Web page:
JEFFERSON, HAMILTON, AND
The extent to which special pleading has altered American historical reality cannot be better exemplified than by what has happened to the popular images of Jefferson, Hamilton, and Washington.
Jefferson is today considered to have been radical; Hamilton, conservative. This reverses historical roles. Social evolution was during their lifetimes moving away from the old aristocratic power structure based on the ownership of land to such a business society as Hamilton prophesied and that we have today. Jefferson wished that the money men then in Congress could be prevented, while agrarians and slaveholders voted freely for their own interests, from having any vote on fiscal matters.
Regarding cities as dens of iniquity, Jefferson tried to sink the beautiful plan for the national capital, designed by Pierre Charles L'Enfant with the backing of Washington, because it envisioned a metropolis rather than an enlarged rural village, like Virginia's capital, Williamsburg. However, legend assumed that Jefferson, as an acknowledged architect, was responsible for the extensive beauties of Washington, D.C.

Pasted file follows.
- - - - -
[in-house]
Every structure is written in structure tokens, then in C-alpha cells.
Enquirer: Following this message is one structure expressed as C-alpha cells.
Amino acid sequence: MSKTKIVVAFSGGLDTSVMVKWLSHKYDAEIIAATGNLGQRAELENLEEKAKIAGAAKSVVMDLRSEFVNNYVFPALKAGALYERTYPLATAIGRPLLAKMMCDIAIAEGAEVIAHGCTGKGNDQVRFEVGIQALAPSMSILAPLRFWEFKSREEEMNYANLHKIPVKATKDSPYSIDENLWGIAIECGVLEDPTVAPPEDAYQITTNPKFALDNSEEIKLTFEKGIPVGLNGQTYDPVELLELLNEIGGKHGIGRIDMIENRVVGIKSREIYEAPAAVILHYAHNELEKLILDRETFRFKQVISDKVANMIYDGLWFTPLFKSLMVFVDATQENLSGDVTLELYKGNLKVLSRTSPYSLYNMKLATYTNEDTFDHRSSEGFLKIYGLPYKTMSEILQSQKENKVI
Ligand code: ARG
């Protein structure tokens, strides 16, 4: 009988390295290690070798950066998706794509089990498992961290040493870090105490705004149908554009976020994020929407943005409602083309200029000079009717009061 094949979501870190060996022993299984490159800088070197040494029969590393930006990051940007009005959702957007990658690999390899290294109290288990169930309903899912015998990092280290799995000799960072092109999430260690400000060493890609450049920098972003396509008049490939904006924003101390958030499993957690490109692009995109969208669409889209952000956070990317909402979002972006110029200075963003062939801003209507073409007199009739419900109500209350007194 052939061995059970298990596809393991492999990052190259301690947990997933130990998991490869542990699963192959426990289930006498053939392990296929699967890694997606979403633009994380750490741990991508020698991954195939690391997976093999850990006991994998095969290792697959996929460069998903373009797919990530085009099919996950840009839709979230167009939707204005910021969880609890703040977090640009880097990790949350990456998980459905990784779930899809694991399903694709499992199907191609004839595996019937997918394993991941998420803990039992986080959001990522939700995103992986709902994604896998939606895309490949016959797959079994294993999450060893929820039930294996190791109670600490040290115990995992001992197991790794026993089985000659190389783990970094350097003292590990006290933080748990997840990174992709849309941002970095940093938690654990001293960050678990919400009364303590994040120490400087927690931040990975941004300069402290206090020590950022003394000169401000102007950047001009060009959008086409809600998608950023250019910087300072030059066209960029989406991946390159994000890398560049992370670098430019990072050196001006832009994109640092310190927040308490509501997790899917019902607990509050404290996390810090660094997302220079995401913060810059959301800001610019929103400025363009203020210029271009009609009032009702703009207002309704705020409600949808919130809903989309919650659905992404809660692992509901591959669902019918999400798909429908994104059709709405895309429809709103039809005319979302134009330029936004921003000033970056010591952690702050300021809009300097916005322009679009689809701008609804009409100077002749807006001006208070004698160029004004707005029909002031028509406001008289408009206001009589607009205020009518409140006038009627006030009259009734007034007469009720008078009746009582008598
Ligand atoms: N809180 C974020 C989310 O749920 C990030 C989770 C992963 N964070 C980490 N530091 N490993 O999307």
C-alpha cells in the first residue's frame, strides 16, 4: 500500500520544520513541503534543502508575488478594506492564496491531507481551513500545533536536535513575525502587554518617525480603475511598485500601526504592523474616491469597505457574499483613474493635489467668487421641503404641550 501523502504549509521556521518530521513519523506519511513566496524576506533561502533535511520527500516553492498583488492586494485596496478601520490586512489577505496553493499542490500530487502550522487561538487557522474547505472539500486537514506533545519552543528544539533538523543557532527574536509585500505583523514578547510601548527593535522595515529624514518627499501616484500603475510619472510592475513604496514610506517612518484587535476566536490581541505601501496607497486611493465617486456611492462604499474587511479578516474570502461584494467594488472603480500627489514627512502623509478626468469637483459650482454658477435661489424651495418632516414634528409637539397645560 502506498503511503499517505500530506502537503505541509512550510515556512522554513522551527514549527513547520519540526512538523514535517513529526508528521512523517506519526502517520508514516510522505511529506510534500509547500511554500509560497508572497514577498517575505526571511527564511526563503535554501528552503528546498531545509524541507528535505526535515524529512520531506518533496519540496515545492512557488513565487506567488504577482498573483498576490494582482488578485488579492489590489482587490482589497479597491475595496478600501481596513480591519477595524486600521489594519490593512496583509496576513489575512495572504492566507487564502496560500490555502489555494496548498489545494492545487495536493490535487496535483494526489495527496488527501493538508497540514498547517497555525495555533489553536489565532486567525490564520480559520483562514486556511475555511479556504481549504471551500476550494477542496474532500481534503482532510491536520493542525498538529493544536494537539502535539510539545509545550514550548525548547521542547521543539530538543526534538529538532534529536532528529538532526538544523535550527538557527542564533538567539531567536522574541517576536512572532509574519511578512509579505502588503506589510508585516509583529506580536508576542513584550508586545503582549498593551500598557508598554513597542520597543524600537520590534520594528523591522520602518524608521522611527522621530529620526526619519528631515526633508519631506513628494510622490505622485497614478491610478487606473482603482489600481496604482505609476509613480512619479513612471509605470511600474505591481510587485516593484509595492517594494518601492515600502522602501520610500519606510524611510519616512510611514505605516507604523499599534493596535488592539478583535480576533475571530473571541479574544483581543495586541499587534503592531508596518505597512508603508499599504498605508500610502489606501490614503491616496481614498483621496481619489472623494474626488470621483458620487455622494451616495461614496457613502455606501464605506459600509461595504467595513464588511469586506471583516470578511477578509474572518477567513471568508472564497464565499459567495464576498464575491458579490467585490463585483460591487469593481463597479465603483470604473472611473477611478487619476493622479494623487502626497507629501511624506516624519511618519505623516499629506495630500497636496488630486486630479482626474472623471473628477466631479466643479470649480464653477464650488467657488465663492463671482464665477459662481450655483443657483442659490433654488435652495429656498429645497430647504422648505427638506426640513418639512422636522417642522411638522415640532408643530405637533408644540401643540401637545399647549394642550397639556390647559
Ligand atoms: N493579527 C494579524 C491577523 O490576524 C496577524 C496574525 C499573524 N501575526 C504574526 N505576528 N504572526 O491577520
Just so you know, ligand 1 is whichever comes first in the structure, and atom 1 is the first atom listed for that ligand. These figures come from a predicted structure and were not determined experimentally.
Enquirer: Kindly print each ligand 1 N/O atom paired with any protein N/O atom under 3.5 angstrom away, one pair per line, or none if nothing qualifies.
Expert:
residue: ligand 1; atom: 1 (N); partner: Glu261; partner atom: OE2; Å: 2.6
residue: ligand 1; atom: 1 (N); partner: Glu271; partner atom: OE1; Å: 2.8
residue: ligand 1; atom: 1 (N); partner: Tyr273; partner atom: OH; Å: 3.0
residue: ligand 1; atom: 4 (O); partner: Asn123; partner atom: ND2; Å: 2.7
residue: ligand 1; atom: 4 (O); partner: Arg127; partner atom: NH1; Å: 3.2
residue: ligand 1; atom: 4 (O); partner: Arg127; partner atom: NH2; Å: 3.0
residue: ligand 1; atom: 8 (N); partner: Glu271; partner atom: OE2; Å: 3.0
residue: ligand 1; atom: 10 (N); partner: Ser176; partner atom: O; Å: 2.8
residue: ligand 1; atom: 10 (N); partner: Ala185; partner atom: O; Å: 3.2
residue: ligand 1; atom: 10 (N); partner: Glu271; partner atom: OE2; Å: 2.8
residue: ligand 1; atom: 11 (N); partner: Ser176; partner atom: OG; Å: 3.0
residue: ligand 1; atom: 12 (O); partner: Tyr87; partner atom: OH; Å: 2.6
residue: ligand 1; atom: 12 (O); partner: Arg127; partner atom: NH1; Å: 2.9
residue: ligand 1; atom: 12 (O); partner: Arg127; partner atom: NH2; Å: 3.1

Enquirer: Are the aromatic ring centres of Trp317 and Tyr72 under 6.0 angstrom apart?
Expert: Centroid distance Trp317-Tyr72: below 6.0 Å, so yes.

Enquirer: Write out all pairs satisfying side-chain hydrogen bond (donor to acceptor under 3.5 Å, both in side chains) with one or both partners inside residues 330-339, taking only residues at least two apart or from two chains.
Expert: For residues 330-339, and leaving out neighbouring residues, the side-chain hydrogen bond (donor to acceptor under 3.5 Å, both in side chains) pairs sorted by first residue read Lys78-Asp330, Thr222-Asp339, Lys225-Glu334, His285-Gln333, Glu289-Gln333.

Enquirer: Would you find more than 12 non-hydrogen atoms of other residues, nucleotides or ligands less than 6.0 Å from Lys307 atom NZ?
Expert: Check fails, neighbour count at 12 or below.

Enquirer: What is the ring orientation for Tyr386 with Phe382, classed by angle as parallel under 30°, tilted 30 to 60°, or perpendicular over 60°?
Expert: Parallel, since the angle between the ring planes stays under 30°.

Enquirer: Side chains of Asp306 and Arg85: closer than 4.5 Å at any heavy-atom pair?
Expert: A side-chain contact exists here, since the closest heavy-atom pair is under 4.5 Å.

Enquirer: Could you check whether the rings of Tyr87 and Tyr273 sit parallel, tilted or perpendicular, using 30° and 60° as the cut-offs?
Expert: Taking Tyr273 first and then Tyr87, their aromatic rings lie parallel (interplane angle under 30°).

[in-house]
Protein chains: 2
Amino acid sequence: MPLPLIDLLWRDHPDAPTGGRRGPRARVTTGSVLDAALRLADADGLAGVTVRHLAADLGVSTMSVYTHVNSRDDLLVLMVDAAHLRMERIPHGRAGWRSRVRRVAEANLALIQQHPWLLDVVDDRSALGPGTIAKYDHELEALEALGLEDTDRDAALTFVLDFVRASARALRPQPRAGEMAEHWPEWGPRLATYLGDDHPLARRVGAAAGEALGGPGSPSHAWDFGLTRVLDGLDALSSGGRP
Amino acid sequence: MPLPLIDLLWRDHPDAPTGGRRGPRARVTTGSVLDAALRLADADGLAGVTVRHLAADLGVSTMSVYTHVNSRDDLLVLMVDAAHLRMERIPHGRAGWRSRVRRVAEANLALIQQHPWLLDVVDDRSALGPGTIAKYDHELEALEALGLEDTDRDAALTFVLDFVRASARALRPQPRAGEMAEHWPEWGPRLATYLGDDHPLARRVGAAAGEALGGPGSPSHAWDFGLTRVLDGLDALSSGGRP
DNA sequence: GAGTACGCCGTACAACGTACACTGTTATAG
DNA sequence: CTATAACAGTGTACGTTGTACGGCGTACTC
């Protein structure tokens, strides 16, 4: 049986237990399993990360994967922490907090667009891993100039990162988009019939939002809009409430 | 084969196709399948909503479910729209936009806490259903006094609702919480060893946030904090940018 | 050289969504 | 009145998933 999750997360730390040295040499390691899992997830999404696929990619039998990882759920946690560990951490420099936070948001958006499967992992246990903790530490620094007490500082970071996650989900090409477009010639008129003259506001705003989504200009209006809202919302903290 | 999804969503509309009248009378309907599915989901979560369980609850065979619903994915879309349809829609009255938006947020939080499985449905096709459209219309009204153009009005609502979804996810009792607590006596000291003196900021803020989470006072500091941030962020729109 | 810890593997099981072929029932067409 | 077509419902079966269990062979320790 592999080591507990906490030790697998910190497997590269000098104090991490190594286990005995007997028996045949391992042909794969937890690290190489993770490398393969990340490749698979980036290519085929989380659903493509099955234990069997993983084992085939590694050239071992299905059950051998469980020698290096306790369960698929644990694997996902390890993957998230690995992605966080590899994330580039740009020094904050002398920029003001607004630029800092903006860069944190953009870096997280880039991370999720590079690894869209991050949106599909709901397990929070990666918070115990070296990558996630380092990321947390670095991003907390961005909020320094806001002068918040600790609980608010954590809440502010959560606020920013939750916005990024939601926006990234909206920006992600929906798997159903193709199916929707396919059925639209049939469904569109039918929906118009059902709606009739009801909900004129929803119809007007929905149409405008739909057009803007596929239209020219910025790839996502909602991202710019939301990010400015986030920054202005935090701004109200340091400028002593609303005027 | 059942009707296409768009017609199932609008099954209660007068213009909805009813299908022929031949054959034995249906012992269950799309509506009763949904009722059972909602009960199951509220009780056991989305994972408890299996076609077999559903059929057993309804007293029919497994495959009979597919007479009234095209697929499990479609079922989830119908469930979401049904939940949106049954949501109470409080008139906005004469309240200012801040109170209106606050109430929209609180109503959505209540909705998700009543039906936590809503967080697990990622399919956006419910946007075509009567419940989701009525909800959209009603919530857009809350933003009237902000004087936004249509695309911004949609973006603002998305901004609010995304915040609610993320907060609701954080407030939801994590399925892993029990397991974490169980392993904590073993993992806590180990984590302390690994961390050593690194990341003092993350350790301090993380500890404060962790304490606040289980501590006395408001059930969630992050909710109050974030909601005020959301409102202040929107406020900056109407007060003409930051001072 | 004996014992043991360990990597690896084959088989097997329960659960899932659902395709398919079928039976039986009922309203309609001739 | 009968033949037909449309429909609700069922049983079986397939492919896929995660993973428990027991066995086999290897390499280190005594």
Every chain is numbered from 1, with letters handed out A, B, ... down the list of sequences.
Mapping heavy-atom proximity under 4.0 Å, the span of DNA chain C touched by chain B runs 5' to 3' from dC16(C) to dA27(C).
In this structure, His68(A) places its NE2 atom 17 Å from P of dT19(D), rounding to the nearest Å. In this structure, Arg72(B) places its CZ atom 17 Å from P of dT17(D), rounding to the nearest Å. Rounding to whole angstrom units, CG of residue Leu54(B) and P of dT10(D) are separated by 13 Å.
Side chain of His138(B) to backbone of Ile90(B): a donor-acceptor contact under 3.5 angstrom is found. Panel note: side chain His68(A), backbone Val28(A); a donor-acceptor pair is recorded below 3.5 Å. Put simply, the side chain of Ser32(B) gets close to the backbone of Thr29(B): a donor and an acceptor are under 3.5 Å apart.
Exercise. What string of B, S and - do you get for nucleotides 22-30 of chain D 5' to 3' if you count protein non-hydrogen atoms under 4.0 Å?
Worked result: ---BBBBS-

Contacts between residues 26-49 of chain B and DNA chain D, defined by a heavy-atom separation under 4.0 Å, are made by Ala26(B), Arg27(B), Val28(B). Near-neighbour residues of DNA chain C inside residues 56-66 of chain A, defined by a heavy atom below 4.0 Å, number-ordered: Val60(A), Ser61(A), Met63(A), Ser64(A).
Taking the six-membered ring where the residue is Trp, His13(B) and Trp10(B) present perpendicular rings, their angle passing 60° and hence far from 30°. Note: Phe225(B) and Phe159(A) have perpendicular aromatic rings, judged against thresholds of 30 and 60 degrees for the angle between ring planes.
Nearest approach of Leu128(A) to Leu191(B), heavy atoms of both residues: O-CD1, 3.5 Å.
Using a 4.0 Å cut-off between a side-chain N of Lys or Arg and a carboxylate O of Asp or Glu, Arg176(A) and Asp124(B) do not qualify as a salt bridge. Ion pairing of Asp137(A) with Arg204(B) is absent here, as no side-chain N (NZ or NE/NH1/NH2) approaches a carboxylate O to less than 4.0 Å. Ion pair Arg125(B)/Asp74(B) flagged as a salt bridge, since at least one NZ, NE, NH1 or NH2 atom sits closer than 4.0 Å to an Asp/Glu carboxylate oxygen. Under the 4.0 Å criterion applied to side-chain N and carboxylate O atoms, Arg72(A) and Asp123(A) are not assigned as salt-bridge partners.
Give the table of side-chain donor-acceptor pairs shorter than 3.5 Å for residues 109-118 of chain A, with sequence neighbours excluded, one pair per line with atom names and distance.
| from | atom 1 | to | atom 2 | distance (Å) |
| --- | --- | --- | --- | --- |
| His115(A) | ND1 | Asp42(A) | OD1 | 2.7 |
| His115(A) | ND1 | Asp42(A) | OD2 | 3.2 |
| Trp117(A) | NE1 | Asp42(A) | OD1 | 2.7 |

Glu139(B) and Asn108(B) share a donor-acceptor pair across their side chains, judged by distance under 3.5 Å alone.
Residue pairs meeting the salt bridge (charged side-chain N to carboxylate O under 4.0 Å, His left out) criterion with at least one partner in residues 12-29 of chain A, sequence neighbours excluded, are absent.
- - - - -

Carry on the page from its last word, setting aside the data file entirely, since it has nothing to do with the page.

Jefferson is considered the godfather of the New Deal and the other governmental social programs that followed. Actually, Jefferson would have been horrified by such accretion of federal power. He believed that the better the government, the less it interfered with how people conducted their lives, and that federal authority should rigidly respect states' rights. It was Hamilton who argued that the activites of the people needed to be controlled for their own good, and who advocated such a domineering federal government as modern "liberalism" has built.
Jefferson's eloquent expositions of the rights of man (as a slaveowner he did not include slaves) and his advocacy for the agrarian majority made him a popular hero in his lifetime. Hamilton's deification came after he was dead when businessmen took over the lead in American